2015 in review: Slump in energy this year

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Slumping oil prices and legal hurdles have been the main challenges the local energy market has had to deal with in 2015.

Simona Bazavan

 

Approximately EUR 1 billion was invested in 2015 in oil field works in the Romanian Black Sea. This was done despite 2015 being a hard year for the Romanian oil and gas industry, and also despite slumping oil prices, said Razvan Nicolescu, executive lead advisor within Deloitte’s energy & resources practice and a former energy minister during a ZF event. “This is not little,” he said, also adding that by the end of the year, Romania’s gas production will increase slightly above the 2014 level.

Meanwhile, dwindling oil prices have put pressure on producers’ financial results. OMV Petrom, the largest Romanian oil and gas company, controlled by Austrian group OMV, has seen its profits shrink by 59 percent. Values reached only EUR 223.1 million in the first nine months of 2015 compared to the same period last year, according to company data. The company’s financial performance was “severely affected” by oil prices, dropping by about 50 percent during the same period, said company representatives.

This year has been a challenging one for producers of renewable energy as well, albeit in their case, the motives lie elsewhere. The renewable energy sector was one of the few to boom during, and in the immediate aftermath of the economic crisis, attracting a total of EUR 7 billion in investments between 2009 and 2014, according to market reports. This was the result of government support schemes consisting mainly of a system of mandatory quotas combined with green certificate trading. Come 2013, the government decided to cut back its support which led to investments going down considerably, a trend that continued through 2015.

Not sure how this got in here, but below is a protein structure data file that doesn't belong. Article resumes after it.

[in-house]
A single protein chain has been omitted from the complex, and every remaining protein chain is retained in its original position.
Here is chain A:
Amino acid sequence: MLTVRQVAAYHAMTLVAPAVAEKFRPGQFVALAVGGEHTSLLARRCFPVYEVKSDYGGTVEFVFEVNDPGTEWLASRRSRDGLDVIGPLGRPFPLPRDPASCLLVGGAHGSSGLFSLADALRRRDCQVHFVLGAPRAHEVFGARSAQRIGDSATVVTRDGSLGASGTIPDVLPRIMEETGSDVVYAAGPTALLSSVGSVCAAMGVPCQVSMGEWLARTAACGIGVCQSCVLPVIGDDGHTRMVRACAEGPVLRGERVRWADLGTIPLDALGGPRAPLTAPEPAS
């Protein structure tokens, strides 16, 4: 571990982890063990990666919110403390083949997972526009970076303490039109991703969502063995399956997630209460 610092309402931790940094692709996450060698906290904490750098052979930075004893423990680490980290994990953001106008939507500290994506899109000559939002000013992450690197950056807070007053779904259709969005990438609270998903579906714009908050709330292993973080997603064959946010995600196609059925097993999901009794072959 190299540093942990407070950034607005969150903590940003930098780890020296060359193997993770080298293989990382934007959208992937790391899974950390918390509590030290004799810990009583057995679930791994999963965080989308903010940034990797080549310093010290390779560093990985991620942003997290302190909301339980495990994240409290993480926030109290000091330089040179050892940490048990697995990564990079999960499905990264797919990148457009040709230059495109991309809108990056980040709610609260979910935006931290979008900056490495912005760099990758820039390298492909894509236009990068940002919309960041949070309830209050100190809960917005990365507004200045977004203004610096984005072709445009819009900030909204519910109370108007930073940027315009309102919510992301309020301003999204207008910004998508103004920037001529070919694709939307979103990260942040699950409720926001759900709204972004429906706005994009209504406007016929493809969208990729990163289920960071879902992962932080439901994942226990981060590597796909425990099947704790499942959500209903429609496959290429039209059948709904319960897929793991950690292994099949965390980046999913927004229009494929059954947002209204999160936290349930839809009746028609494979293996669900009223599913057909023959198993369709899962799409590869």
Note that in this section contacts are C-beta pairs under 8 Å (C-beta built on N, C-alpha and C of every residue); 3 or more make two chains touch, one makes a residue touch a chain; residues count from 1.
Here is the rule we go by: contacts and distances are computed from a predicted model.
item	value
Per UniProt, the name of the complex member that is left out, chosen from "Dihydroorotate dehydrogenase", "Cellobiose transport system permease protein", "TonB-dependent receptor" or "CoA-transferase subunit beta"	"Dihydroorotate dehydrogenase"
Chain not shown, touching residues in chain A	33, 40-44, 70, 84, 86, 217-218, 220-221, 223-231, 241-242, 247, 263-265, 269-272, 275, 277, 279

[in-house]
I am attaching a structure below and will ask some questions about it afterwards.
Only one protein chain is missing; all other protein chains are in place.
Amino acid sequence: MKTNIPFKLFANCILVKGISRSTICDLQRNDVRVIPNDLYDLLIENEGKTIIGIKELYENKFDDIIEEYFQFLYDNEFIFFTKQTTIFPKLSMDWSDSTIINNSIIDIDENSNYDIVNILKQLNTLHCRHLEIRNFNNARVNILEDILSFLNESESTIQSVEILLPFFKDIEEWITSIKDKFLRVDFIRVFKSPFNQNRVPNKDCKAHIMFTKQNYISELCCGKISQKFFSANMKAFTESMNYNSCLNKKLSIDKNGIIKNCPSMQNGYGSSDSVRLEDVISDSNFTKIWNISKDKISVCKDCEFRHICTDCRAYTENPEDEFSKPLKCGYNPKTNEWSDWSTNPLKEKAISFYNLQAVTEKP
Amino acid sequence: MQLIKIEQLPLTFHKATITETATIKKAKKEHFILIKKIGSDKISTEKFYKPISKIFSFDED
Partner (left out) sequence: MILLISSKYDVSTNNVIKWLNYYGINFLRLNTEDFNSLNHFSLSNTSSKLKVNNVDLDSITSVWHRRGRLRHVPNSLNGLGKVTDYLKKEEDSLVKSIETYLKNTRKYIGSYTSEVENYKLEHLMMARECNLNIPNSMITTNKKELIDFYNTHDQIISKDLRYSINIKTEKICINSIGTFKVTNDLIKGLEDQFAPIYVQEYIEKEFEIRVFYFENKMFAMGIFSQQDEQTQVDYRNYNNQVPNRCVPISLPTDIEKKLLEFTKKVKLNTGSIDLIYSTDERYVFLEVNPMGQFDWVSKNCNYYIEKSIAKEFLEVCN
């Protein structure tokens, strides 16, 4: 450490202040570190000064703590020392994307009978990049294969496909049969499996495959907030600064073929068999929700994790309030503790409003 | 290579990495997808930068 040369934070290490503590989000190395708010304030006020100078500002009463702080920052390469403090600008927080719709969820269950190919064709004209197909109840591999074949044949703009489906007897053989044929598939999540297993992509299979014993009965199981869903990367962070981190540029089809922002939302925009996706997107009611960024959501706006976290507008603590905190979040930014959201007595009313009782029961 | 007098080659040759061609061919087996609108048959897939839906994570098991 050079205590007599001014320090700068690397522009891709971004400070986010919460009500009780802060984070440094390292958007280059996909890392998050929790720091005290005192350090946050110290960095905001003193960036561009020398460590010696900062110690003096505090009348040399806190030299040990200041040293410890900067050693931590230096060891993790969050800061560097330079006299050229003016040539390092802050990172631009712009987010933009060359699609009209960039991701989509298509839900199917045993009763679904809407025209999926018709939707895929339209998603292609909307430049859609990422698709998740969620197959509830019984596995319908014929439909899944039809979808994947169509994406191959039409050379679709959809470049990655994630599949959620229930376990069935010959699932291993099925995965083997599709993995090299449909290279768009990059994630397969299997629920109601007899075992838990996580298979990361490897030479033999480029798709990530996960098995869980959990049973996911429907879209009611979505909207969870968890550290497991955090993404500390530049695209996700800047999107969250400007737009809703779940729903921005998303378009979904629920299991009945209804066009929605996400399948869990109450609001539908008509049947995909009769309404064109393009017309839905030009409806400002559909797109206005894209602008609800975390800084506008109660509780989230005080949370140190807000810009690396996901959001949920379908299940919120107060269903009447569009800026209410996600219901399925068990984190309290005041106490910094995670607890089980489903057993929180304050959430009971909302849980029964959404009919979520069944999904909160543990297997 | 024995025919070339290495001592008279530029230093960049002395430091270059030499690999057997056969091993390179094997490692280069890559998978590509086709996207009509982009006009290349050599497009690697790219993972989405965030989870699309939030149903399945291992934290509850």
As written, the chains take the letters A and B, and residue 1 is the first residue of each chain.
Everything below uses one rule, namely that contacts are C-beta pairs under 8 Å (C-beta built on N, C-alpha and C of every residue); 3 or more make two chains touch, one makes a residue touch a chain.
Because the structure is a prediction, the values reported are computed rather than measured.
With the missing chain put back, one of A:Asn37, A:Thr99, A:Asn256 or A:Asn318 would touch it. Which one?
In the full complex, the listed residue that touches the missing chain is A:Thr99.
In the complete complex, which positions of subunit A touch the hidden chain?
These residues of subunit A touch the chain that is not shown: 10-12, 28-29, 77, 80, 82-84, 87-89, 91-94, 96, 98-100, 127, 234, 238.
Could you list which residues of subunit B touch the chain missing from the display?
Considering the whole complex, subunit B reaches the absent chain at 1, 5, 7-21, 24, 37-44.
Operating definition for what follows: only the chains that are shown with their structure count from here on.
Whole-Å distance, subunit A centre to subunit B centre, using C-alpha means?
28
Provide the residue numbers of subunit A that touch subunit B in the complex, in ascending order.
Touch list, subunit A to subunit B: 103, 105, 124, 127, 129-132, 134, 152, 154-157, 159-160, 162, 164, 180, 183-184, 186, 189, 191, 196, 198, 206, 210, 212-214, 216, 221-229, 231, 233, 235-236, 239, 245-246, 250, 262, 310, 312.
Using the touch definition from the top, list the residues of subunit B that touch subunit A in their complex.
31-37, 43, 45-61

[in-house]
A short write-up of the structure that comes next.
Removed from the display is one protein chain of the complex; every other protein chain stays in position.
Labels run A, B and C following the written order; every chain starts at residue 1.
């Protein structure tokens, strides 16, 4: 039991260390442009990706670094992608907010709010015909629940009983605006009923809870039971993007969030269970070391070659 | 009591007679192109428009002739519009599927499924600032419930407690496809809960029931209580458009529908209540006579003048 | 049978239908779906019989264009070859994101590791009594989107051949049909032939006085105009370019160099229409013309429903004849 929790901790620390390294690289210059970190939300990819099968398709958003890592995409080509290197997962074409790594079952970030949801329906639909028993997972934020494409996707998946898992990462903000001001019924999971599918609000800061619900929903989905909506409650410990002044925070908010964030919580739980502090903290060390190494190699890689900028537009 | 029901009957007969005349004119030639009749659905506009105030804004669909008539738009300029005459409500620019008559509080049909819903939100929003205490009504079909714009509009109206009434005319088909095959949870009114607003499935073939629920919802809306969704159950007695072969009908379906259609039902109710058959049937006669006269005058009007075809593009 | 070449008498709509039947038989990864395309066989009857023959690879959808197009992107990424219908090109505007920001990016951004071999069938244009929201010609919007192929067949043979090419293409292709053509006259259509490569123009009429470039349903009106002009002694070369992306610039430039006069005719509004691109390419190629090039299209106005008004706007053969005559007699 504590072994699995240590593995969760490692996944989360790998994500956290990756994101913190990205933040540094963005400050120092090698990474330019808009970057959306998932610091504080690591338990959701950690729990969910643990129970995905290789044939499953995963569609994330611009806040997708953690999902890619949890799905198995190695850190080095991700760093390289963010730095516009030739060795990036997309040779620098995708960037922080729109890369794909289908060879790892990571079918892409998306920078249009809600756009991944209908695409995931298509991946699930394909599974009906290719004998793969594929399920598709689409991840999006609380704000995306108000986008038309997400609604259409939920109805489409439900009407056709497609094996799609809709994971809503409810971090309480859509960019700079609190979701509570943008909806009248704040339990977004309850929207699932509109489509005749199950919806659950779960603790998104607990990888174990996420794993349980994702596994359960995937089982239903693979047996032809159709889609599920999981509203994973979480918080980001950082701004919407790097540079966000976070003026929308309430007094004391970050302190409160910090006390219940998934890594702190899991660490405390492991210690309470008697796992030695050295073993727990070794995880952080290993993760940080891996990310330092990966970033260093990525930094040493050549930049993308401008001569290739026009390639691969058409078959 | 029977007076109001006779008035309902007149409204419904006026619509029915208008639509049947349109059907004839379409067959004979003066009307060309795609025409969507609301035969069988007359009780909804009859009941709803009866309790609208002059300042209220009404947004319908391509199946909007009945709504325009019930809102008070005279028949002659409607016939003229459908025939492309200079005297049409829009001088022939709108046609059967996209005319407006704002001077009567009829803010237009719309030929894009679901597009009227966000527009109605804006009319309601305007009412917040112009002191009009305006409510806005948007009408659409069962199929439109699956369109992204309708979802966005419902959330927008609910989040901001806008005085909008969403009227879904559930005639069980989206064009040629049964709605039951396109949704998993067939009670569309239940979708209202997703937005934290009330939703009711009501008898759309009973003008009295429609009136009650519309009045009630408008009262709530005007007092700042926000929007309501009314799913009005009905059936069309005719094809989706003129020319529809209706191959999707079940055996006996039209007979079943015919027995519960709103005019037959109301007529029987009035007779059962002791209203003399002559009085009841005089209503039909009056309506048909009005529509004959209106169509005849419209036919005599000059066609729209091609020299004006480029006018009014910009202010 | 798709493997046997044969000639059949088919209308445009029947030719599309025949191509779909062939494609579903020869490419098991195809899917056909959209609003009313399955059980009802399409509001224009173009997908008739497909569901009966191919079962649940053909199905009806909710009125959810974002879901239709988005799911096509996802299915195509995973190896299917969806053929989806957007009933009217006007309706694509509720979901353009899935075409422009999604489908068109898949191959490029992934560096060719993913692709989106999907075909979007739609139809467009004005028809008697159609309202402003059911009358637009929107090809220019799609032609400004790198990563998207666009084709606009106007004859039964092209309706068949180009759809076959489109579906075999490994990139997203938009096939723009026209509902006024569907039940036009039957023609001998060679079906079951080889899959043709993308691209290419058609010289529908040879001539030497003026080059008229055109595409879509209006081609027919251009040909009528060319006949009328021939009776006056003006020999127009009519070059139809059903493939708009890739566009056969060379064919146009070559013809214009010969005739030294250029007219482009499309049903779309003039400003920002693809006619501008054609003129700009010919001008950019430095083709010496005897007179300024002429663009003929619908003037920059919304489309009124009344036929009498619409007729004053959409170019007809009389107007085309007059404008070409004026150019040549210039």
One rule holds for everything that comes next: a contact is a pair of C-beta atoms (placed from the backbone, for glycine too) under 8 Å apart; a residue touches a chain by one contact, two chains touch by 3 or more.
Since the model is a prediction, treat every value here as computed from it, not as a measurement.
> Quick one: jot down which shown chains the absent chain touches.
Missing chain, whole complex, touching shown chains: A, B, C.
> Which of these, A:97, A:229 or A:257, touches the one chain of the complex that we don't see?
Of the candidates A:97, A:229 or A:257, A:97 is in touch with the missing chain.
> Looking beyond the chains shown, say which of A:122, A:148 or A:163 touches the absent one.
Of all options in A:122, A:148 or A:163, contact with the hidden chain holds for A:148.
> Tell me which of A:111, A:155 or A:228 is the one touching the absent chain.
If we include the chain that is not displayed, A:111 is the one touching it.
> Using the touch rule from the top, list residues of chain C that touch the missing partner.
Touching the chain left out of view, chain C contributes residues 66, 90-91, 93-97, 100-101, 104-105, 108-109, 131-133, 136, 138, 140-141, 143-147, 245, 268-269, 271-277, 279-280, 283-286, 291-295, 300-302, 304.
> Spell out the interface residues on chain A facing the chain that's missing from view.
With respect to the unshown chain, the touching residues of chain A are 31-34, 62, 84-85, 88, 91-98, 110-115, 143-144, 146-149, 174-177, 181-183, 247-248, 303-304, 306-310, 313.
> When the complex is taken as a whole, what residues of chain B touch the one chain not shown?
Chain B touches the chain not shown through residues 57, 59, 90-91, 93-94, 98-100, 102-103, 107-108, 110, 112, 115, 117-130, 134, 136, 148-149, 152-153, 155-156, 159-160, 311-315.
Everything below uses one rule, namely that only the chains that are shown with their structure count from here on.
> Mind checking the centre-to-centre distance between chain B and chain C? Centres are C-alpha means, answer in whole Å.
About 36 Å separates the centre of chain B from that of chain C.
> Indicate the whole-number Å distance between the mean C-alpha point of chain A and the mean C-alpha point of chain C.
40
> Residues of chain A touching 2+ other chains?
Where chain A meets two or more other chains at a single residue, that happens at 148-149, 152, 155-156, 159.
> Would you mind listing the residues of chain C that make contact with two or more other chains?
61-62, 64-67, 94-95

At present, the green certificate market is collapsing due to a major reduction in the annual mandatory quota of electricity produced from renewable energy  versus the values set out in Law 220: 11.1 percent compared to 15 percent in 2014 and 11.9  percent compared to 16 percent in 2015. According to energy and gas market regulator ANRE, in late 2014, the total number of green certificates issued through the program was 12.7 million fewer than the quota estimated by the institution at the beginning of the year, i.e. 17.6 million. For 2015, ANRE estimates the issuance of 18.1 million green certificates, up 3 percent from the previous year.

This situation has not only frozen new investments, but existing players have also announced plans to shut down facilities.

This August, Monsson Group, one of the largest developers in the Romanian wind energy sector, announced it will dismantle its windmills from CEE Targusor from Constanta. The decision was the result of the legal regulations adopted by the Romanian government in the past two years and the uncertainty regarding the Romanian renewable energy market. Both factors in turn rendered the project unfeasible from a financial perspective, according to company representatives.

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